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An Emory clinic is transforming memory care

By Pam Auchmutey | Emory Nursing | Feb. 16, 2018

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Joung Ja Lee (left) is a patient at the Integrated Memory Care Clinic, which helps her daughter, Esther Lee, manage her care for multiple chronic conditions, including dementia and hypertension. 

Photo by Stephen Nowland

In her prime, Joung Ja Lee helped her husband Keun So run a convenience store in North Florida. Customers depended on the Lees for gas and groceries for many years. Now with advanced vascular dementia and Alzheimer's disease, Joung must depend on her daughter, Esther Lee, and the nurse-led team at the Emory Integrated Memory Care Clinic (IMCC) to manage her condition.

Open since 2015, the IMCC has quickly become a model of care for patients like Joung. It is the first nurse-led clinic in the nation specializing in primary care for dementia patients and the first nurse-led medical home at Emory Healthcare.

Esther recently brought her mother to the IMCC for a checkup. The normally feisty 78-year-old wasn't feeling well. Her arms and legs ached, her hands felt sore, and she was tired and cold all the time.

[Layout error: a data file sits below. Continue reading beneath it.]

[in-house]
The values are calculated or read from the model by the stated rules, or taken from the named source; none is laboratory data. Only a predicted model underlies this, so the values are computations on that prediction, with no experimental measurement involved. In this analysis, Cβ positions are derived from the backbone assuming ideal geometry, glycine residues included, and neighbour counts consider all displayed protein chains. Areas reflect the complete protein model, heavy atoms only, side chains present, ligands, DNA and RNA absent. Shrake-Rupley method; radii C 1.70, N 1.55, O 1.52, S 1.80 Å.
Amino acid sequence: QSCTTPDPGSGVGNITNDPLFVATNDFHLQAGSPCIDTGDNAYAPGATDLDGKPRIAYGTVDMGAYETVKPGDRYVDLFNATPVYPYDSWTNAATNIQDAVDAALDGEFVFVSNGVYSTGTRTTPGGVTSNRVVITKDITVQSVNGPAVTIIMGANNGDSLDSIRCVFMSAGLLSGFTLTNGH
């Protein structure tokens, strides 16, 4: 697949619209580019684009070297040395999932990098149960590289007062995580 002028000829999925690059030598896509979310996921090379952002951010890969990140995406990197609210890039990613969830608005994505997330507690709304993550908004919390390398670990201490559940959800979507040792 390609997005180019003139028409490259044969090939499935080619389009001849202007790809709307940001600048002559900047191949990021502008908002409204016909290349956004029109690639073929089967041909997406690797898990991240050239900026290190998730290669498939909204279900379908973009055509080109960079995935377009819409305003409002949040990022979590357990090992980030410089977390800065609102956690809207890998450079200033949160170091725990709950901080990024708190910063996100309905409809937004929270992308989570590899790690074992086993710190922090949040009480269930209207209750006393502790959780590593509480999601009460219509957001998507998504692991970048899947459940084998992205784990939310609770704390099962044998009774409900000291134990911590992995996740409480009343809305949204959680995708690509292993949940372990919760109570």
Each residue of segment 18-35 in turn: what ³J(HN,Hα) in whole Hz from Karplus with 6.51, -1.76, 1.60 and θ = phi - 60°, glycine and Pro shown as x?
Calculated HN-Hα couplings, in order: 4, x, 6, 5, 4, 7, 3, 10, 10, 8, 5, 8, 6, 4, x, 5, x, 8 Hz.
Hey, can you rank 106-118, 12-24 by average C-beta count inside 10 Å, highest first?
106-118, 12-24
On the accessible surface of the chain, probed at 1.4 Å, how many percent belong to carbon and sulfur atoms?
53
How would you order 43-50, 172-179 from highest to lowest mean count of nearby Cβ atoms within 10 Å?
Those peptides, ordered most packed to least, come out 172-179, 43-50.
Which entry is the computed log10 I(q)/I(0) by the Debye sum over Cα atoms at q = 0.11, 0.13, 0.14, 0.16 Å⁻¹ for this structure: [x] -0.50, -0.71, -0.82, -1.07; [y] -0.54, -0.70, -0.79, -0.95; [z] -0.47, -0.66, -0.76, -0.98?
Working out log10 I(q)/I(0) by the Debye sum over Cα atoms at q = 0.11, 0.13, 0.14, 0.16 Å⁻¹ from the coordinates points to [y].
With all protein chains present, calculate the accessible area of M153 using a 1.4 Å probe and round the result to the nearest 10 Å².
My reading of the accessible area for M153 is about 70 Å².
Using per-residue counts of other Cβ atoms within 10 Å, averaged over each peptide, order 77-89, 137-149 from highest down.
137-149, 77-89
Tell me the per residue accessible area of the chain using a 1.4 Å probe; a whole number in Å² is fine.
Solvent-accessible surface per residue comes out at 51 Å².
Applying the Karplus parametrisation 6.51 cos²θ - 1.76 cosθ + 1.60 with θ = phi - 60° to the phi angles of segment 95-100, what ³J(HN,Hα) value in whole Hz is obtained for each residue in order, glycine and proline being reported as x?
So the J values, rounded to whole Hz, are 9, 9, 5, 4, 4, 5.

Joung takes several medications daily—for hypertension, arthritis, osteoporosis, and depression related to her dementia.

Her daughter talked calmly and candidly with nurse practitioner (NP) Alison Schlenger 07N 08MN APRN-BC GNP-BC, who manages her mother's care at the IMCC.

"We're reaching a crucial point, I'm starting to see," says Esther. "Mom stopped taking her medication for depression because she thought she was cured."

Schlenger listened carefully to Esther as she examined Joung and soon had an explanation as to why her patient wasn't feeling well.

Lab results showed that Joung's hemoglobin level and red blood cell count were consistently low, making her feel tired. Her GFR (glomerular filtration rate), a measure of how well the kidneys filter out protein, indicated stage 3 chronic kidney disease. The kidneys, Schlenger explained, are where red blood cells are made.

"This type of kidney disease is not uncommon in older patients with hypertension," she told Esther. "We'd like to get nephrology on board with a consult to make sure your mother stays functional."

By the end of her visit, Joung had completed new lab work, a dosage change in her arthritis and depression medications, and an appointment scheduled with an Emory nephrologist. When Schlenger noticed that Joung had two appointments scheduled at the Emory Brain Health Center in the same month, she switched them to the same day.

For Schlenger and the rest of the IMCC team, making life easier for dementia patients and their families is what it's all about. "Our goal," she says, "is to identify and manage symptoms of dementia, prevent and treat co-existing health conditions, and support families in order to optimize quality of life for every patient."

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